A Bellingham man appeared in court Monday to face charges of beating his roommate to death.
Bail was set at $500,000 for Travis James Marshall, 40, who is accused of second-degree murder for the death of David Quintin Williams, a head chef and manager at Jack Niemann’s Black Forest Steakhouse in Bellingham.
Marshall had yelled for a neighbor to call for help around 4:40 a.m. Friday, saying his roommate had been beaten up at a bar by a group of Navy sailors, police said. Officers found Williams on his front lawn in the 700 block of East Illinois Street, with grave injuries to his head.
Paramedics pronounced Williams dead at the scene. He was 53.
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On Monday an autopsy showed he suffered a “prolonged and serious” beating, and died of extensive blunt facial trauma, said Dr. Gary Goldfogel, the Whatcom County medical examiner. Goldfogel could not say for certain if a weapon was used or not. Toxicology tests are pending on both men, though police said they believe Marshall had been drinking alcohol.
In a later interview at the police station Marshall’s story shifted “all over the place,” Bellingham police Lt. Danette Beckley said. Police noted his hands were puffy, with marks on them. He told detectives he punched a wall because he was mad about people giving Williams a hard time.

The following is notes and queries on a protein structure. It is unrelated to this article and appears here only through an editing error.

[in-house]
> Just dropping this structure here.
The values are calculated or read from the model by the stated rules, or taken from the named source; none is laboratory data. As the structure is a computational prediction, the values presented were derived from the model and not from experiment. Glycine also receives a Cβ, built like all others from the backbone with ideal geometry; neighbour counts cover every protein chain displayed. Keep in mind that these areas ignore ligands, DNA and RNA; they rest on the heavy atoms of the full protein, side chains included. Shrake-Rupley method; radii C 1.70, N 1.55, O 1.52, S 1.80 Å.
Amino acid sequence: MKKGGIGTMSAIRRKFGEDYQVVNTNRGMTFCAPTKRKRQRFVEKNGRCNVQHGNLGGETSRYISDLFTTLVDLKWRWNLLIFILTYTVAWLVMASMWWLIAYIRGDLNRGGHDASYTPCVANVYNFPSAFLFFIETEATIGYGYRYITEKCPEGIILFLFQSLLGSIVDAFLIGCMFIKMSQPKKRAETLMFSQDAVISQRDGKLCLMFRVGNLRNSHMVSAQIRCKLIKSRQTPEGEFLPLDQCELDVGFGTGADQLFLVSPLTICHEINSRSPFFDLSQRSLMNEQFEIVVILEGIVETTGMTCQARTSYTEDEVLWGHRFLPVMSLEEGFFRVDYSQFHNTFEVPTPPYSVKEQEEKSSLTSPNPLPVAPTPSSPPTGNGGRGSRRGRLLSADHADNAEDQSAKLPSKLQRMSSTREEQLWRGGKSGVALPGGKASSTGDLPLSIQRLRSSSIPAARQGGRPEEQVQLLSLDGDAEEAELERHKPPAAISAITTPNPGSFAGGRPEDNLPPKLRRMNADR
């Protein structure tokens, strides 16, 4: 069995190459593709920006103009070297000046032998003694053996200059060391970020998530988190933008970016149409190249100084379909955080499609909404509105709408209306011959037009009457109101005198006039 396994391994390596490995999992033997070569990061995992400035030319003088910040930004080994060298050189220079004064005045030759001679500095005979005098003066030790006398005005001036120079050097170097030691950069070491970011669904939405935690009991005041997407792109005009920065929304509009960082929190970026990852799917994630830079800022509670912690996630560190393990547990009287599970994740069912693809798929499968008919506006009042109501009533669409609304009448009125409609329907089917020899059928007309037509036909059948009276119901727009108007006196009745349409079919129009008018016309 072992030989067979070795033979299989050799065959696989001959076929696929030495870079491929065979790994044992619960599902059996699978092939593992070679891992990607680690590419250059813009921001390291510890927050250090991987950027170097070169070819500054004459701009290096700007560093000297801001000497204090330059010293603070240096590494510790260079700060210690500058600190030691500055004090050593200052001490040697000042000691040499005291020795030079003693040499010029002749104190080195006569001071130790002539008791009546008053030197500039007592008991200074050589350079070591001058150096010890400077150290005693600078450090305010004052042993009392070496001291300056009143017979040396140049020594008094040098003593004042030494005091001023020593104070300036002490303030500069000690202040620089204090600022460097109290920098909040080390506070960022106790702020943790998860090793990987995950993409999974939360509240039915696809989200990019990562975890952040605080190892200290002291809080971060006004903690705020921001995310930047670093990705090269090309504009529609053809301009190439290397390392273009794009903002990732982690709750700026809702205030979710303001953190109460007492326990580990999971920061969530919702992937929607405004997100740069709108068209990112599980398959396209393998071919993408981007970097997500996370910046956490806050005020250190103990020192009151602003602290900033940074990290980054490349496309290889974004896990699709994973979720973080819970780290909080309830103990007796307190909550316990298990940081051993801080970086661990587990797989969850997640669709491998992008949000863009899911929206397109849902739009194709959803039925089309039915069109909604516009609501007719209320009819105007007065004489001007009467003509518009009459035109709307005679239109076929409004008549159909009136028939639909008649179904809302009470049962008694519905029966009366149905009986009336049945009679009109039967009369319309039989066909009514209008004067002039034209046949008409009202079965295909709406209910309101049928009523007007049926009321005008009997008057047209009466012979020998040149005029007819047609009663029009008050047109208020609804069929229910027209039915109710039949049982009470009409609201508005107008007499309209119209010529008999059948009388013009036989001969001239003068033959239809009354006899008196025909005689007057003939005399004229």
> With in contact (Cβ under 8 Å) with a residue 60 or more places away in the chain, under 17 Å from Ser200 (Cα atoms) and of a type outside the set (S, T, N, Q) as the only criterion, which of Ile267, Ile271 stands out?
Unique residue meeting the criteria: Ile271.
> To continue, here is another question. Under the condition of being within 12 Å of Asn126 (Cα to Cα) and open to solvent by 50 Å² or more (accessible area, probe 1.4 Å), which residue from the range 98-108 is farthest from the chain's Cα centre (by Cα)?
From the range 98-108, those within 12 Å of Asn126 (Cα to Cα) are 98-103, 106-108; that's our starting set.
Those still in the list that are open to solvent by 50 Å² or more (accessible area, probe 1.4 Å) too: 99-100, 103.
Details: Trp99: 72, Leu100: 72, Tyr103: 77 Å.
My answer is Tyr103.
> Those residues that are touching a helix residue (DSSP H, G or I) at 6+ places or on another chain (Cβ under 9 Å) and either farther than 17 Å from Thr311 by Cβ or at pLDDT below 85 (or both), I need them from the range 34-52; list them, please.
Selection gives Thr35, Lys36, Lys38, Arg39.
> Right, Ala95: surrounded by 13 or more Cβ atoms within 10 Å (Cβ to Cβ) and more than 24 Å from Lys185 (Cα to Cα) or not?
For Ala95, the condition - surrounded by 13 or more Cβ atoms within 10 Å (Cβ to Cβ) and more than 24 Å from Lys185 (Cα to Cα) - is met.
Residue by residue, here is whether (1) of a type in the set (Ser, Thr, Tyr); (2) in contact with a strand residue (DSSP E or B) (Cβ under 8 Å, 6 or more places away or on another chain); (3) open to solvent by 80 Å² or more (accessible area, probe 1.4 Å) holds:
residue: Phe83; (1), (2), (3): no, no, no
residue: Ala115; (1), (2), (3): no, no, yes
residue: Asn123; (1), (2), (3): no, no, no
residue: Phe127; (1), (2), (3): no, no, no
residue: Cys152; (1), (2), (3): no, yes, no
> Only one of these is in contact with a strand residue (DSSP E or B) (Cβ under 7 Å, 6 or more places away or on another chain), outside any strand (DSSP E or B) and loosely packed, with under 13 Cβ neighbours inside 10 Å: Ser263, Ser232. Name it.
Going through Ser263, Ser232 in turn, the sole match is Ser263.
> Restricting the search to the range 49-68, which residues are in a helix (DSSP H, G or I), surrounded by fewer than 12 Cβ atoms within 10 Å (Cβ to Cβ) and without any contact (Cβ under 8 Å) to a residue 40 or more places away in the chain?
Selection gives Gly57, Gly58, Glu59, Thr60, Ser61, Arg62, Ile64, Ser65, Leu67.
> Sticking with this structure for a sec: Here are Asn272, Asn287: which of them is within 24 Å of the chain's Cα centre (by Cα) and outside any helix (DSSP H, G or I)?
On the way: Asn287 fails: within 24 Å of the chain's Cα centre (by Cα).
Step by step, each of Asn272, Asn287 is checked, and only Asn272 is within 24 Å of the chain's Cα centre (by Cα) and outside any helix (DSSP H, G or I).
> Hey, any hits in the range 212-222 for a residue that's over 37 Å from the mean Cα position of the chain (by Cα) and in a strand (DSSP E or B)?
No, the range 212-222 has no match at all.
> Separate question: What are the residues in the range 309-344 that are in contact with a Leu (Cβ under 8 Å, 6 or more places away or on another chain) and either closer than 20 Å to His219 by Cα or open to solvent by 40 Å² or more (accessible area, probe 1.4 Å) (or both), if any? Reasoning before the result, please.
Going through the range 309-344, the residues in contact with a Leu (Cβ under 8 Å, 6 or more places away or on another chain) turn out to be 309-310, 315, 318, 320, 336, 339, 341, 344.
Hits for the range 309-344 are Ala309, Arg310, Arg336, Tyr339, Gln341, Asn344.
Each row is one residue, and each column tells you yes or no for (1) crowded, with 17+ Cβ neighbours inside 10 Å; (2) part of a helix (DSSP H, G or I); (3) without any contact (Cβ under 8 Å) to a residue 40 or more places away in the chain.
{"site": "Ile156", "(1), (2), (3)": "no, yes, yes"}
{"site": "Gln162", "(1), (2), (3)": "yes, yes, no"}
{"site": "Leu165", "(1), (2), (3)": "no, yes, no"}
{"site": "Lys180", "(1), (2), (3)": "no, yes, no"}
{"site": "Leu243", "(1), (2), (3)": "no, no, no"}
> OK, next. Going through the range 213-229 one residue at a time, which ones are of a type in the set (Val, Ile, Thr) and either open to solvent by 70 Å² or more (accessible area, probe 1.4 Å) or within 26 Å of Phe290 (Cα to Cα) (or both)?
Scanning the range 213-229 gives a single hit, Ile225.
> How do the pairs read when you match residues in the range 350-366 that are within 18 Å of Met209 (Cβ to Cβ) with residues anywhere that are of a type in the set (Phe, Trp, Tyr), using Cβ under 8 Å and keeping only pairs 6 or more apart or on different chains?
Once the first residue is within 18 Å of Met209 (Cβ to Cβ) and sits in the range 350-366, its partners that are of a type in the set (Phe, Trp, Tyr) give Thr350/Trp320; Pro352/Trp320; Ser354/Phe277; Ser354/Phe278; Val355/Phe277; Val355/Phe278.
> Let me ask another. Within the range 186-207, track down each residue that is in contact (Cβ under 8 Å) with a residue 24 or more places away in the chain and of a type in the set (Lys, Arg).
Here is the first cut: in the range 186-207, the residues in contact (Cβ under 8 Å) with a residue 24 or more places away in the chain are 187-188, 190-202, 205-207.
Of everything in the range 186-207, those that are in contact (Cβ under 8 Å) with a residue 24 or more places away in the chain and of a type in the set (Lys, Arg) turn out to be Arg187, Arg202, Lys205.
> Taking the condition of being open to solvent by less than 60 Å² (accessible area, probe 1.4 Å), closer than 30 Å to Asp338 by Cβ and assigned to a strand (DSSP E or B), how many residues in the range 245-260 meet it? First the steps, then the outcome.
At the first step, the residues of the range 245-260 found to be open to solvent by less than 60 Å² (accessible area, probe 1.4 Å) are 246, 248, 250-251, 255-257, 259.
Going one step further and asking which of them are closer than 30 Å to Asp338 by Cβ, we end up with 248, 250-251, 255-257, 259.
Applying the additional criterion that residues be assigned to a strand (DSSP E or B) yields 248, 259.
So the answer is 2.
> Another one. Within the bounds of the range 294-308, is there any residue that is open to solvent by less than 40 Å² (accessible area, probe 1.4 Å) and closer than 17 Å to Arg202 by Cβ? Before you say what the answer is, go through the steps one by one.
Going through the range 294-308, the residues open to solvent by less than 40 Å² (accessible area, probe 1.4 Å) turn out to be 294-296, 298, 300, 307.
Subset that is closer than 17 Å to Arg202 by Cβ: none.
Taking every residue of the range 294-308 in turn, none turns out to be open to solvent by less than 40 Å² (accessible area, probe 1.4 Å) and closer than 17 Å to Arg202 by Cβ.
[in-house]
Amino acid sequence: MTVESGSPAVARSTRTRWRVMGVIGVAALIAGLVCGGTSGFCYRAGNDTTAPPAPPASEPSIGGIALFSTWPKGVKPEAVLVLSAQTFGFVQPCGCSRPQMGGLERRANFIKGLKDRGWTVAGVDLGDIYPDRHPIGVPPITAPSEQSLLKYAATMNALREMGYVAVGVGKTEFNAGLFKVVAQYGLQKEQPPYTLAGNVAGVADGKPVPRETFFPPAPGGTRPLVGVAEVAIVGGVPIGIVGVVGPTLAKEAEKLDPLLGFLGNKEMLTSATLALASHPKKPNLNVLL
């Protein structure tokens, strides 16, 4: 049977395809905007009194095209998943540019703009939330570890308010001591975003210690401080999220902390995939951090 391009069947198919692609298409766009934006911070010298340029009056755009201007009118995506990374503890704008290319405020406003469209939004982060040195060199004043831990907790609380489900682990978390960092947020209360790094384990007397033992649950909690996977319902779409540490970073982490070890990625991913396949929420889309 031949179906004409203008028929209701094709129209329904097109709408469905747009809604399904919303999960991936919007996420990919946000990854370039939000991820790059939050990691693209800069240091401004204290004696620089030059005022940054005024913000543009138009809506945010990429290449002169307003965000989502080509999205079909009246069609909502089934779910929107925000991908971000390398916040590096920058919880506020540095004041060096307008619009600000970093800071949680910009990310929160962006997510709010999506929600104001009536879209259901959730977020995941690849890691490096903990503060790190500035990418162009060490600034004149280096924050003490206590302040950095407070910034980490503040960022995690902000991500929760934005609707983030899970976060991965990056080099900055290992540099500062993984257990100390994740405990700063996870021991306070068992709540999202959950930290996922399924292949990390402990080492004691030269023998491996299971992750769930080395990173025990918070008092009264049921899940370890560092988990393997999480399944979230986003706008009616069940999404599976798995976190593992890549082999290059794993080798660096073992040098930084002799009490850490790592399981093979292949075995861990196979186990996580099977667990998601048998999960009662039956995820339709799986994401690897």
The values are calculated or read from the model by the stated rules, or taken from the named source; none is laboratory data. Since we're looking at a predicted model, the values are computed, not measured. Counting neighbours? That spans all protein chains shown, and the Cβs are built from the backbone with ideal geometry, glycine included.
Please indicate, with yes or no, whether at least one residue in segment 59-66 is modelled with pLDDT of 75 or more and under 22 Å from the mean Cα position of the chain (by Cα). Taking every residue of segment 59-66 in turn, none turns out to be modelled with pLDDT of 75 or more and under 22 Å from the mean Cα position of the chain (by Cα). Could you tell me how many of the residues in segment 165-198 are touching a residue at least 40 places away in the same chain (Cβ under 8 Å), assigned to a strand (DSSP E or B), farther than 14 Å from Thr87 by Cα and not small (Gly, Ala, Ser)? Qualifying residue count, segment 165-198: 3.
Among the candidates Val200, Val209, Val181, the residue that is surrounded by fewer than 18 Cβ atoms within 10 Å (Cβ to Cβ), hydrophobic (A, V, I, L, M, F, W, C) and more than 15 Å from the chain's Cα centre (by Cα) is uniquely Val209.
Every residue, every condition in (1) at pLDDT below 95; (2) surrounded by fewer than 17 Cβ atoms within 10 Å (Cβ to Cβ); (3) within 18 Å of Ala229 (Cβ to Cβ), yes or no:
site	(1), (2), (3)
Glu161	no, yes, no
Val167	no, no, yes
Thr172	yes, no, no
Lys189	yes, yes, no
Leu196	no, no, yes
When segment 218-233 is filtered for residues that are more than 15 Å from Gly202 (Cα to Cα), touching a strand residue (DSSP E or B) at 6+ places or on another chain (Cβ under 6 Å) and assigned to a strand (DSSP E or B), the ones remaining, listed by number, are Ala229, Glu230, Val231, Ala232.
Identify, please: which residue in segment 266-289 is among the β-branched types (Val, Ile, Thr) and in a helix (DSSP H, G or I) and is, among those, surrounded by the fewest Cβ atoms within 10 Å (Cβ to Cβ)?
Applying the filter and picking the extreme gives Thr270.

Detectives spoke with other people who saw the two men that night, and their stories “totally conflicted” with the events described by Marshall, Beckley said. Police arrested Marshall on Friday evening, at the end of the police interview, to face a charge of second-degree murder.
Police believe the men got into a physical fight outside of their shared home. Other than the injuries to his hands, Marshall did not appear hurt, Beckley said.
Over the weekend bail was set at $1 million.
Marshall fought back tears Monday as a private attorney, Phillip Tavel, asked for his bail to be lowered so that he could work to pay for his legal defense. Marshall lived at the home on East Illinois for 4½ years, and Williams moved in with him about year ago, Tavel said. The defense argued it was a hardship for Marshall – “an upstanding member of society” – to remain behind bars while he is grieving.
“They were very good friends, and in fact, they’d been out together that night,” Tavel said.
Superior Court Commissioner Alfred Heydrich halved the bail amount Monday.
Marshall has one domestic violence conviction on his record in Bellingham. He was accused of choking and punching a female roommate in the face after an argument in November 2011.
Felony charges of second-degree assault were reduced to a misdemeanor in a plea deal about a year later. For that crime Marshall was handed a one-year jail sentence, with all but 60 days suspended. A judge required him to get treatment for domestic violence and substance abuse.